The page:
Deuteronomy 24

Deuteronomy 24  •  2 min. read  •  grade level: 9
So again in Deuteronomy 24 the question of divorce is treated, where we must say that a certain allowance was made them for the wilfulness of man in this respect. This is no matter of opinion; for our Lord Jesus Christ has ruled in this. Nobody can understand the law aright, or the Scriptures of the Old Testament in general, unless he bear in mind that in it God is dealing with man as such. Consequently, though there is wisdom and goodness and righteousness, it is man in the flesh under trial, and hence it is not yet the perfection of the divine mind displayed. This last is only found when Christ comes. The first Adam is not the Second; and it was with the first man that God was then at work. No part of the law lacks the wisdom of God; but, Christ not being yet revealed, He did not as a fact go beyond man as he then was. To have brought in what was suitable for the Second man could not have applied to Israel in their then condition.
And God, it seems to me, has distinctly marked this in Scripture even in an outward fashion, inasmuch as He has not been pleased to give us His word even in the same tongue. The standing witness against the folly of confounding the two Testaments finds its rebuke in the patent fact that the Old Testament is in one language, the New Testament in another. So plain a difference on its very face one might have thought it impossible to overlook; but even believers accept shortsightedness in divine things, and just so far as tradition influences them; for people scarcely think about Scripture, and thus they do not know how to apply the clearest and surest facts, as well as God’s words, before all eyes.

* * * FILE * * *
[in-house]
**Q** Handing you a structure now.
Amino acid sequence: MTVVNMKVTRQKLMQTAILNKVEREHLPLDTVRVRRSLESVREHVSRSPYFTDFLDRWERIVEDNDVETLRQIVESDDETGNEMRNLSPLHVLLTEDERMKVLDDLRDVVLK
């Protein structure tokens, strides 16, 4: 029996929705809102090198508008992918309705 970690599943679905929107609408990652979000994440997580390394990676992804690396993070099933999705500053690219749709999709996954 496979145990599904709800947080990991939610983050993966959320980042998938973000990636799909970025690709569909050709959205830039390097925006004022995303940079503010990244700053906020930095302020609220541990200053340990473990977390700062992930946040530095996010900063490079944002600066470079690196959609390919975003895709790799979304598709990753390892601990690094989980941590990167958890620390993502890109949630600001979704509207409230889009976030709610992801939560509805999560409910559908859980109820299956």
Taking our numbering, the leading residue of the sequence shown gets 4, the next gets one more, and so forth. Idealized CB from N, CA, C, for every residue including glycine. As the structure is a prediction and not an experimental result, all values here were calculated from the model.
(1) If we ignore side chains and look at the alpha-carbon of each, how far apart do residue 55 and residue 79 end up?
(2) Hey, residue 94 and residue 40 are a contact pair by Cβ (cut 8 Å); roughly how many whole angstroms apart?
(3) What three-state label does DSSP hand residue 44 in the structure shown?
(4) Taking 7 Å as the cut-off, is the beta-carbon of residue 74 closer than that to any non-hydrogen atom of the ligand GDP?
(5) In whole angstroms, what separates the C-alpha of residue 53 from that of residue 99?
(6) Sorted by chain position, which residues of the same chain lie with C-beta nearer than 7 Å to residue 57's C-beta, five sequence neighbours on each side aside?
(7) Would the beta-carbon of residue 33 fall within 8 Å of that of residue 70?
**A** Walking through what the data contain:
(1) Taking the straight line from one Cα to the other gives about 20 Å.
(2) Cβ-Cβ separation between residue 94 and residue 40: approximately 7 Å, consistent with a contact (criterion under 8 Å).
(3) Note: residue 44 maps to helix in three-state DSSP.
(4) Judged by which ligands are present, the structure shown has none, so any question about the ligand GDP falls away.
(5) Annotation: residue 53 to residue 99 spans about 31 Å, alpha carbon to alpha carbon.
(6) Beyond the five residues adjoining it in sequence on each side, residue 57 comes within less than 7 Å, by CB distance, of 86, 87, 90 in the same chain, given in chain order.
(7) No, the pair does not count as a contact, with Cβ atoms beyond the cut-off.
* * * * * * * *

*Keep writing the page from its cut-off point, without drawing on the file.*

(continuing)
But there is much more than the use of different languages – there is the difference between the first man fallen into sin and the Second man who first descended into the lower parts of the earth, and then ascended above the heavens after accomplishing the mighty work of redemption. Assuredly this is all the difference possible, and it is just what reigns between the Old and the New Testament, not in the hearts of saints, but as a state of things. Consequently, the relationship is altogether of another sort. Hence the provisions that were suitable and appropriate, when God had as an object before Him the first man, could not apply to the Second, under whose revelation and redemption we find ourselves. This must be borne in mind if we would judge rightly about these types, or the law in general which made nothing perfect.